Sprint to the finish: redesigning university programme validation
Sprint methodology can compress university-wide validation of academic programmes into an intense, hierarchy-free three-day process
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Often the most challenging part of designing or redesigning academic programmes is the validation and approval process. It’s often long and drawn out, with lots of meetings, endless paperwork and many boxes to be ticked. While the academic quality of programmes is paramount, so too is the need to consider more rapid approaches to innovative design. So, imagine reducing the process into a few days.
This is the validation sprint.
Over the past academic year, De Montfort University (DMU) has been using sprint methodology to help revalidate most of our academic programmes. As part of our Education 2030 strategy, our programmes have been switching to a block mode of delivery, where students study one module at a time. This has called for new, dynamic pedagogies to be introduced while also revisiting assessment methods. It has involved extensive consultations with stakeholders without losing sight of quality assurance and the student experience. Using sprints has helped to refine the complexity of university-wide validations shifting to a new pedagogical approach.
So what is a sprint?
The Design Sprint methodology was developed by Google to design and refine solutions to complex problems. There are six phases: understand, define, sketch, decide, prototype and validate. Crucially, activities take place over a five-day period (hence the name), allowing teams to clear diaries and hyper-focus on a shared vision.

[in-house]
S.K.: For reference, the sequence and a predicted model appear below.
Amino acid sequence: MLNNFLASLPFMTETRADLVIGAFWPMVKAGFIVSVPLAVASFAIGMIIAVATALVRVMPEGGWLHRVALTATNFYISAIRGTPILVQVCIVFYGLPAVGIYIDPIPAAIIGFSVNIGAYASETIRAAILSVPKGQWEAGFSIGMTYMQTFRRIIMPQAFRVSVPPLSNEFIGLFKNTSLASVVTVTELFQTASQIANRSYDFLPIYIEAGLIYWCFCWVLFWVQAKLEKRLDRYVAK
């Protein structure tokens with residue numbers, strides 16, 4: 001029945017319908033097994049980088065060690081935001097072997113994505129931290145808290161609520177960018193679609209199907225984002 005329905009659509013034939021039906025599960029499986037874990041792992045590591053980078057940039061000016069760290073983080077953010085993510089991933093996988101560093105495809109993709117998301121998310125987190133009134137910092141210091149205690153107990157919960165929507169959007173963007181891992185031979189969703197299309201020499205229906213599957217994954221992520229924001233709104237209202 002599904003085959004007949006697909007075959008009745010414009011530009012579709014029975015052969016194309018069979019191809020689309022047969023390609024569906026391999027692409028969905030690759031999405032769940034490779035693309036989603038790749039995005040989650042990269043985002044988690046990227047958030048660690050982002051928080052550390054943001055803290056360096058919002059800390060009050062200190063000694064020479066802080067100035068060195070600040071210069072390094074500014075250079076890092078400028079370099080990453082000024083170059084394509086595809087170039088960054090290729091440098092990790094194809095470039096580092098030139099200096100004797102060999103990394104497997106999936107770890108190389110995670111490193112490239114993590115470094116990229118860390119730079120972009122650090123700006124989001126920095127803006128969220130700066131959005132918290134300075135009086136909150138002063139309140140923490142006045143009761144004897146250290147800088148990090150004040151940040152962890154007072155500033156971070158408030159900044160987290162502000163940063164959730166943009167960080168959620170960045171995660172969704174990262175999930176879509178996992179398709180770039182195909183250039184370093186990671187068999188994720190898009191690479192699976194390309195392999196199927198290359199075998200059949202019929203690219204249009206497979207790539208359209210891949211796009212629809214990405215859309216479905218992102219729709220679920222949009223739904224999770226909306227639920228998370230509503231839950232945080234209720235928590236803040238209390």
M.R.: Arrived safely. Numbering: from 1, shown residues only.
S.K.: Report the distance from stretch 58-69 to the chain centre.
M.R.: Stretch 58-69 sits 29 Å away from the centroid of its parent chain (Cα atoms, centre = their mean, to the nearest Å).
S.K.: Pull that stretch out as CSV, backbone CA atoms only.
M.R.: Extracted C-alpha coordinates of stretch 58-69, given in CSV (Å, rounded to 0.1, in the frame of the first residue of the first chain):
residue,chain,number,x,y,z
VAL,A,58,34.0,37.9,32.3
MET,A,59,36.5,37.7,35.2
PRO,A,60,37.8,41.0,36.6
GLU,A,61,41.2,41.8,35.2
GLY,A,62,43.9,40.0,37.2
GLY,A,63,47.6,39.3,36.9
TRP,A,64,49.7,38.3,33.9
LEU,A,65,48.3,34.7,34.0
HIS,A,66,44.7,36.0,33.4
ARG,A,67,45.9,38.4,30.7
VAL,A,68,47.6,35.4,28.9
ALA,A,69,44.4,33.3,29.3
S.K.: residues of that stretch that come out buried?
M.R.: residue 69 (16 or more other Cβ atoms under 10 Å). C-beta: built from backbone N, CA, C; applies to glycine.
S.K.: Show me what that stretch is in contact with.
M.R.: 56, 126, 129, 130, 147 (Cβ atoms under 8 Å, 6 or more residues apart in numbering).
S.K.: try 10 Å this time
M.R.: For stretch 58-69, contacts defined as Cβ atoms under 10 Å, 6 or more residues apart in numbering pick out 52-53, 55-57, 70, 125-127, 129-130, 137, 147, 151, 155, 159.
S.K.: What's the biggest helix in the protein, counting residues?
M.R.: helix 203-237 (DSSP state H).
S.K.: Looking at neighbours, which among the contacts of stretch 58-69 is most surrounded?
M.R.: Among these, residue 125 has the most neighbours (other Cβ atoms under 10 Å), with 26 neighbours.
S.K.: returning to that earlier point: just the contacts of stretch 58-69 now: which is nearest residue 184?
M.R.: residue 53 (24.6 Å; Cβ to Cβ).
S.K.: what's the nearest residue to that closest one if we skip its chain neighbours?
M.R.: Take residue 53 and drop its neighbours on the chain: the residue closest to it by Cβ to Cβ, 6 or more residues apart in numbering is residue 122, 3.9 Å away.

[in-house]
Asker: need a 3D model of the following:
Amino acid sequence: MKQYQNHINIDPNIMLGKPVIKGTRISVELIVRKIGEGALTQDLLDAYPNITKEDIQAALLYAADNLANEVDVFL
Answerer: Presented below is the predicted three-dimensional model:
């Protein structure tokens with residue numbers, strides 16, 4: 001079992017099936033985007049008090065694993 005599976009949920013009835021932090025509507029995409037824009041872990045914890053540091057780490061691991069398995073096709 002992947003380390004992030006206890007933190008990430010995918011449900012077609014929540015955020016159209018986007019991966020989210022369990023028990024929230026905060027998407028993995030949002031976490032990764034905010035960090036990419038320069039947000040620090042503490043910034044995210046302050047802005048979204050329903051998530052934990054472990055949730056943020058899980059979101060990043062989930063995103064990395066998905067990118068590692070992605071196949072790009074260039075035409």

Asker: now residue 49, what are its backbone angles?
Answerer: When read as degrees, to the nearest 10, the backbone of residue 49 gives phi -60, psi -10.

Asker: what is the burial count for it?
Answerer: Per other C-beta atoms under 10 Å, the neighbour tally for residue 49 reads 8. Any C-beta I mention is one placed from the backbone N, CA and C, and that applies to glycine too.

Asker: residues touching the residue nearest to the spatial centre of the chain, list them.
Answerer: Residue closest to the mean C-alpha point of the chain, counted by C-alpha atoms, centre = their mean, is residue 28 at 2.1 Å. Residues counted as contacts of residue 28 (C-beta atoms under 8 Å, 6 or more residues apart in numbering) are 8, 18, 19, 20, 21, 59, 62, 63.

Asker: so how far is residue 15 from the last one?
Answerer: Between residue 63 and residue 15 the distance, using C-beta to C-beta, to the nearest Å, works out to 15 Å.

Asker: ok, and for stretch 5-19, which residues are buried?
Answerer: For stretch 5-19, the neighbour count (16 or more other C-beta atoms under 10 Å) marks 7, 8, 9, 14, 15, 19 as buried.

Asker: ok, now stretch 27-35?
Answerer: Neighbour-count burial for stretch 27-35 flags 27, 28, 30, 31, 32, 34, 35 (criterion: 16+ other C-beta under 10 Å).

It is essential for sprint participants to understand the methodology, in particular the optimum approach and guidelines, to facilitate an effective and efficient outcome. Because of the intensive nature of the sprint, a great deal of focus is required, so distractions such as emails and phones should be limited. Similarly, participants must be able to fully dedicate their time to ensure collaborative decision-making.
There needs to also be equality of contributions; all ideas are encouraged, and any hierarchy or sense of seniority should be removed. This may result in suggestions that are unrealistic or unviable. Given the intensity of a sprint, participants need to be prepared to move on and not scrutinise every idea. To support this, it helps to recruit a sprint facilitator, ideally someone from outside the core team, to ensure progress.
Sprinting in HE
The process starts from the end point: what makes the ideal graduate?
Coventry University was the first, we believe, to use sprints within HE curriculum design. Using design methodology helped course teams focus and redesign programmes, seeing success across a range of disciplines.
Revalidating hundreds of programmes in a short time is a mammoth task, particularly when it sits alongside normal teaching and research activities. So, working with key stakeholders, we redesigned the sprints to take place over three consecutive days. Reducing the length of time made it possible to include more academics from across the programme in the development of the curriculum.
Here is how our timetable breaks down: